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Addiction and Opiates

Addiction and Opiates

CHAPTER 7 A CRITIQUE OF

CHAPTER 7 A CRITIQUE OF CURRENT VIEWS OF ADDICTION It is at once evident from Adams' statement that it does not qualify as a scientific general theory of addiction because it claims only that most addicts who become addicted by voluntarily taking drugs are abnormal in some way and implies that this abnormality occurs more often among addicts than among non addicts. His statement suggests that the above conclusions may be reversed in the case of those persons who become addicted in medical practice without using the drug voluntarily. While he asserts the existence of a psychopathic basis for most voluntary addiction, Adams does not stop to consider whether even this weak conclusion is generally or universally valid. For example, in Eastern countries where folk beliefs bold that opium is an effective remedy for widespread tropical diseases, for sexual impotence, and other complaints and ailments, would voluntary use of opium under such circumstances have the same psychopathic basis? Does such a psychopathic basis exist when the use of the drug is a status symbol, as it has been among upperclass Chinese? Would this idea apply to communities in China and other Eastern countries where it has been reported that it was the custom of virtually all adult males to use opium? The view expressed by Adams is still widely accepted among students of addiction despite its obvious deficiencies and the wide range of disagreement as to bow the alleged psychopathic predisposition or addiction-prone personality is to be described. Some writers in Adams' time and earlier sought to extend the conclusion to all addicts just as contemporary students occasionally do. This position is, in my opinion, mainly a reflection of a popular conception which long antedates it, that persons with bad compulsive habits are afflicted with "weak wills." A narcotic agent whom I asked why addicts used drugs replied that it was because 11 they are weaklings'' The prevalence of the popular view and the scientific view with which it is in essential agreement is based primarily on frequency of repetition rather than on evidence. Even if it were to be unequivocally confirmed that most addicts are in fact not psychologically normal, little would be gained, since the problem of explaining the mechanisms of addiction would still remain and it would still be necessary to account for the minority, however small, of addicts to whom the description did not apply. Two of the older studies may be taken as prototypes of this approach. Both were published by competent investigators of excellent standing in their professions, Dr. Lawrence Kolb and Dr. Charles Schultz. As is characteristic of studies in this tradition, both present a classification of addicts as the main grounds for their conclusions. In a study by Kolb, 225 addicts were classified in the following categories: "Normals who are accidentally or necessarily addicted in medical practice ( 14 per cent). Care free individuals, devoted to pleasure, seeking new sensations (38 per cent). Definite neuroses ( 13.5 per cent). Habitual criminalsalways psychopathic ( 13 per cent). Inebriates (21.5 per cent) . (4) Kolb states that all these addicts became addicted "because of the pleasurable mental satisfaction that the first few doses of the narcotic gave them. The degree of inflation varies in direct proportion to the degree of pathology. It occurred only slightly or not at all in those considered nervously normal, but was very striking in some of the extreme psychopaths." (5) Concerning the habitual criminal, Kolb asserts: "Habitual criminals are psychopaths, and psychopaths are abnormal individuals who, because of their abnormality, are especially liable to become addicts."(6) He concludes: The instability of the various abnormal cases expressed itself in some form of social or Psychical reaction that marked them off as different from the average stable individual. They were not necessarily invalids or vicious; some of them were useful citizens and remained so; others were so abnormal as to have been social problems before their addiction, or the use of narcotics with its attendant social and physical difficulties, had seriously reduced their efficiency. Frank cases of hysteria and psychasthenia were less common than cases that showed biased personality of one kind or another. Psychopathic characters, periodic inebriates, extremely temperamental individuals, and persons who had been problem children were more common than cases with phobias, fits, or pathological fears. A common type among these cases is a psychopath who, with his special deviation of personality, is, in the language of the street, an individual who knows it all and does not care.... The psychopath, the inebriate, the psychoneurotic, and the temperamental individuals who fall easy victims to narcotics have this in common: they are struggling with a sense of inadequacy, imagined or real, or with unconscious pathological strivings that narcotics temporarily remove; and the open make-up that so many of them show is not a normal expression of men at ease with the world, but a mechanism of inferiors who are striving to appear like normal men. (7) file:///I|/drugtext/local/library/books/adopiates/chapter7.htm[24-8-2010 14:23:37]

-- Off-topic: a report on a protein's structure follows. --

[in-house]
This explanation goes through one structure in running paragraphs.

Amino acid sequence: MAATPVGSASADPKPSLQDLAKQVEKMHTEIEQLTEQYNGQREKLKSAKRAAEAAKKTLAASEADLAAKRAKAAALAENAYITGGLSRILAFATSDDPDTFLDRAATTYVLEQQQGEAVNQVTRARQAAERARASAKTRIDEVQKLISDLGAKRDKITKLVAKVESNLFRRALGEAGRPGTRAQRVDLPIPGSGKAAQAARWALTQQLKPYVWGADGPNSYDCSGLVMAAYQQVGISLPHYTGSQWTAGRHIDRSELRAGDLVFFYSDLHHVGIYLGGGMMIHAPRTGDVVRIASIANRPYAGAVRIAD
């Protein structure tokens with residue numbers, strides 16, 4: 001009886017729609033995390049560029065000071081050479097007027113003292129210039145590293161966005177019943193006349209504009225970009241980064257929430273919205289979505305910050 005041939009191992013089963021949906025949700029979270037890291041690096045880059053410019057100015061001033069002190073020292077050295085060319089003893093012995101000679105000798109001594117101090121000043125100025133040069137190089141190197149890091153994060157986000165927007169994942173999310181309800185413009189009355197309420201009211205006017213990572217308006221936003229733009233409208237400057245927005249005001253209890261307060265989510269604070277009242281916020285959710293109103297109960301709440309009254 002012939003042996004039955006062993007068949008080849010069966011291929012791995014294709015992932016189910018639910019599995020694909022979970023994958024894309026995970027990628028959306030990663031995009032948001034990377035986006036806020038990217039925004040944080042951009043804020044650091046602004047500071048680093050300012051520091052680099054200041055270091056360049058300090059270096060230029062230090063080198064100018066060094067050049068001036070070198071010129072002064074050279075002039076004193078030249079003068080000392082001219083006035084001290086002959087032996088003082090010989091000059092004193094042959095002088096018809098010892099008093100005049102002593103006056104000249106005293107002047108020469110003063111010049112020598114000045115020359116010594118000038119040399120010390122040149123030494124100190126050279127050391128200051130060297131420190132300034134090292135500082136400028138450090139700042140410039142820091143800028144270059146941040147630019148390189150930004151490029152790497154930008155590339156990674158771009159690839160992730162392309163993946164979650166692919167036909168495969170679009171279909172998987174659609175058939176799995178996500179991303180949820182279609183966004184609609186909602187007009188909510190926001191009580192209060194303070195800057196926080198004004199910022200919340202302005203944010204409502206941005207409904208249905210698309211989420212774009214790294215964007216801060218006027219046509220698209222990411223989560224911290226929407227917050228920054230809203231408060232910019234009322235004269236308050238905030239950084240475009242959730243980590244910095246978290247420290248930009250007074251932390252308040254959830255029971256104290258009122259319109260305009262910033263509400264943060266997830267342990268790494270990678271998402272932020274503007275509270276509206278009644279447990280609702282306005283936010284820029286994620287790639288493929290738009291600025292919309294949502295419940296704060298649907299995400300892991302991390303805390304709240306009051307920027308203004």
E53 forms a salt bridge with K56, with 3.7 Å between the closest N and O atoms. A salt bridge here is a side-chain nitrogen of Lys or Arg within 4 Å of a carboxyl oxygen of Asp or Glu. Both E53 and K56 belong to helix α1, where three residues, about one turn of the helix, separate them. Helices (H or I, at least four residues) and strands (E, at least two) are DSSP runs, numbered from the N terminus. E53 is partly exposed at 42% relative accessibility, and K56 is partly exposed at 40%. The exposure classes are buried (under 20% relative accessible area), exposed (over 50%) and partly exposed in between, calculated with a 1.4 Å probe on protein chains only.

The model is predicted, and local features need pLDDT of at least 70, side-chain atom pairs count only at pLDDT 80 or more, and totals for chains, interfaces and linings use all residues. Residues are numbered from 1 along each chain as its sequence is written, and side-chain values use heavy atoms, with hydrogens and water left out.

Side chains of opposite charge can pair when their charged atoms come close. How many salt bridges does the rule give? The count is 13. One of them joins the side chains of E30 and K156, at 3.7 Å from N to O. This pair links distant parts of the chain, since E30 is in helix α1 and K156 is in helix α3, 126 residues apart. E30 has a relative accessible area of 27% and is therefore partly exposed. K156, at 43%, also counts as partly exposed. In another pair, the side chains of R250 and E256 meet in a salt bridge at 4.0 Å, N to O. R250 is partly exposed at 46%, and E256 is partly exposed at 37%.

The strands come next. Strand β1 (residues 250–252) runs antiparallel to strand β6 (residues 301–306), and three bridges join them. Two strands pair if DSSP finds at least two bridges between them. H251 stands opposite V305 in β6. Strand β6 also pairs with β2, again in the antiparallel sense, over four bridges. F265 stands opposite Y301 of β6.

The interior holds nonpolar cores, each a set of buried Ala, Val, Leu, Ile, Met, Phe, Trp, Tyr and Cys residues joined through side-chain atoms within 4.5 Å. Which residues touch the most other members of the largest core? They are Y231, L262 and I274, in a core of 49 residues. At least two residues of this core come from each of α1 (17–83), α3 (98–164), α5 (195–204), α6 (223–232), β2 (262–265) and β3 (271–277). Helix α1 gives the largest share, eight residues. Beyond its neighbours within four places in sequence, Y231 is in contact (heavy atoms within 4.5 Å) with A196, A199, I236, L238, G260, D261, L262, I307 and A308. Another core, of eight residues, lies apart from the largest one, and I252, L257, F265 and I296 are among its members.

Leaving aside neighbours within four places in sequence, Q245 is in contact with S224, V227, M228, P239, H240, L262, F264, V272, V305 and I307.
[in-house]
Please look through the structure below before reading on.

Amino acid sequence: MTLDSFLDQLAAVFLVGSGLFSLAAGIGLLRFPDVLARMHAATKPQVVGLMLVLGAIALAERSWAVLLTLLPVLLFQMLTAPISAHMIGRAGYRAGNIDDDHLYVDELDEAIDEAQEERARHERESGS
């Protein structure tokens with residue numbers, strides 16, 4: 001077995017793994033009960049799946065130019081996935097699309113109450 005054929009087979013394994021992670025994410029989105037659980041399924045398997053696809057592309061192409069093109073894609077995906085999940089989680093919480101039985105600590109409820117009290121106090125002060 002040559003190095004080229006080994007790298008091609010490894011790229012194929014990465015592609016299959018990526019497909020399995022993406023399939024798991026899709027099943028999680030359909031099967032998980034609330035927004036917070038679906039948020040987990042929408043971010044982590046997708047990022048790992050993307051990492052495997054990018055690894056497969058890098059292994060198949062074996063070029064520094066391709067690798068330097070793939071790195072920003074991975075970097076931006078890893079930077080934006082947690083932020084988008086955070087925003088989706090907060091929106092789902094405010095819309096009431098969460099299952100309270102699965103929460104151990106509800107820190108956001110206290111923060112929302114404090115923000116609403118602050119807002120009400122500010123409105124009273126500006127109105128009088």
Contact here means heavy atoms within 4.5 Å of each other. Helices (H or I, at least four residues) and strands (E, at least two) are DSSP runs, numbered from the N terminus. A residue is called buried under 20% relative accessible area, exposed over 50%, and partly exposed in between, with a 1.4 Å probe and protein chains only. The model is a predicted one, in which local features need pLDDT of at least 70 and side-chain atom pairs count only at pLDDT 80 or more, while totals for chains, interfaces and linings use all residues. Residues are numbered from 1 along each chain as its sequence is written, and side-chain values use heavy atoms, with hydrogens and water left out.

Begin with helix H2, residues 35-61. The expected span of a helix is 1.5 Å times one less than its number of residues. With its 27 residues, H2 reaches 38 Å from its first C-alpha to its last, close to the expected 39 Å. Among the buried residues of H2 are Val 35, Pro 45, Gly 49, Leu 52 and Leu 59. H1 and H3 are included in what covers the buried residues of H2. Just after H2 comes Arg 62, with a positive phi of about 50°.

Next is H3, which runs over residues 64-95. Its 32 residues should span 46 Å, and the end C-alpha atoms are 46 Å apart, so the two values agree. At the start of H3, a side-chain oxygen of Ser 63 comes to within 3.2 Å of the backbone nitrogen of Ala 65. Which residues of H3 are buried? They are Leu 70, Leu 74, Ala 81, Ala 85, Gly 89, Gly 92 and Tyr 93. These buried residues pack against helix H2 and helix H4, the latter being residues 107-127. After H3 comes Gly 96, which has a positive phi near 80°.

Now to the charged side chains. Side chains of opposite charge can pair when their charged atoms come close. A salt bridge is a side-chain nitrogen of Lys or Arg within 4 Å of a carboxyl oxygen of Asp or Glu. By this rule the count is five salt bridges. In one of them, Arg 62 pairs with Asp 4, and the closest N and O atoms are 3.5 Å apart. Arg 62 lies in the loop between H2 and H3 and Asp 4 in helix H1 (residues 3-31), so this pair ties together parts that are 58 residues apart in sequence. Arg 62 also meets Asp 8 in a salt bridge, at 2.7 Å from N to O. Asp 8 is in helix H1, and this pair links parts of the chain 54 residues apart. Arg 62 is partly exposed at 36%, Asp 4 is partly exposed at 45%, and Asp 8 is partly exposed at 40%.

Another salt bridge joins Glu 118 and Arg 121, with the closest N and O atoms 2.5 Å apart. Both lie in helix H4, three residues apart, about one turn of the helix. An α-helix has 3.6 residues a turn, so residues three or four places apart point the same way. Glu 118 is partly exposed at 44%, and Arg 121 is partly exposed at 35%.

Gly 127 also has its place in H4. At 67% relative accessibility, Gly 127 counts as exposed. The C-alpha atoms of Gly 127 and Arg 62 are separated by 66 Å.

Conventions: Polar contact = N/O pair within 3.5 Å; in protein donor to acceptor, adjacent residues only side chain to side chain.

CHAPTER 7 A CRITIQUE OF CURRENT VIEWS OF ADDICTION In another study of 119 persons who became addicted in medical practice, Kolb rated only 67 per cent as psychopathic, (8) while in a third study he found that go per cent Of 210 cases were psychopathic prior to addiction. (9) He summarizes his viewpoint as follows: It has long been recognized by students of the subject that the addict is generally abnormal from the nervous standpoint before he acquires the habit while some, like Block, assert that normal persons never become habitues. It is probable that Block does not class as habitues persons who, because of certain painful conditions, are necessarily addicted in the treatment of them. If this assertion allows for this exception and is limited in application to countries which like the United States have laws that protect people from the consequences of their own ignorance, its accuracy is supported by my own findings. Ninety-one per cent of this group and eighty-six per cent of a group reported elsewhere by me deviated from the normal in their personalities before they became addicted.... The unstable individuals who constitute the vast majority of addicts in the United States may be divided into two general classes: Those having an inebriate type of personality, and those afflicted with other forms of nervous instability. The various types find relief in narcotics. The mechanism by which this is brought about differs in some respects in the different types but the motive that prompts them to take narcotics is in all cases essentially the same. The neurotic and the psychopath receive from narcotics a pleasurable sense of relief from the realities of life that normal persons do not receive because life is no special burden to them. The first few doses, especially if larger than the average medicinal doses, may cause nausea and other symptoms of discomfort, but in the unstable there is also produced a feeling of peace and calm to which they are not accustomed and which, because of its contrast with their usual restless and dissatisfied state of mind, is interpreted as pleasure.(10) Schultz classified 318 cases of addiction in the following manner: Unclassified, 42 patients (13.2 per cent); i.e., in 13.2 per cent of the patients treated, little or no evidence could be elicited of psychopathic personality other than the drug addiction per se. These cases gave the impression of having possessed and still retaining normal personalities. Inadequate personalities,' 96 patients (30 per cent). While the majority in this group were probably psychopathic types who had been the shiftless black sheep and ne'er-do-wells of their families before using drugs and whose failings may have been accentuated as a result of the addiction, there were some who appeared to have been fairly normal individuals before using drugs, but who went to seed afterwards, from what information was available. Emotional instability, 65 patients (20 per cent). Here there is a question, in some cases, as to whether the instability was present before or came as the result of the addiction. Undoubtedly, the majority were unstable before using drugs.... There are some types who from their previous histories appear to have been more stable before using narcotics, and in whom the instability was secondary to the use of drugs. (In all observations carried out on these drug addicts, the emotional instability was the most striking feature.) ... The following groups appear to have been basically psychopathic. Criminalism, 41 patients (13 per cent). The dominant feature here is seen to be profound egotism combined with complete indifference in regard to ethical issues. The exclusive aim of such an individual is his own pleasure or his own interest. He has neither sentiment of honor nor respect for the truth. His unique pre-occupation is to escape conviction and punishment. . . . Paranoid personality, 29 patients (9 per cent). In this type we find conceit and suspicion, and a stubborn adherence to a fixed idea; contempt for the opinions of others, argumentativeness, and a tendency to develop persecutory trends. Nomadism, 26 patients (8 per cent). The nomadic or wandering tendency is present in most of us to some degree and, as all know, is in certain races so pronounced as to govern their mode of existence and social organization. . . . Sexual psychopathy, 18 patients (6 per cent), homosexuality. These patients all showed the stigmata and reactions which were characteristic. In addition, many patients showed tendencies to be masochistic; e.g., pricking themselves with pins and needles during treatment or asking for "sterile hypos" after they were off treatment to get a "kick" out of it. This they termed "needlemania" [The followers of Watson and Pavlov might call this a conditioned reflex.] file:///I|/drugtext/local/library/books/adopiates/chapter7.htm[24-8-2010 14:23:37]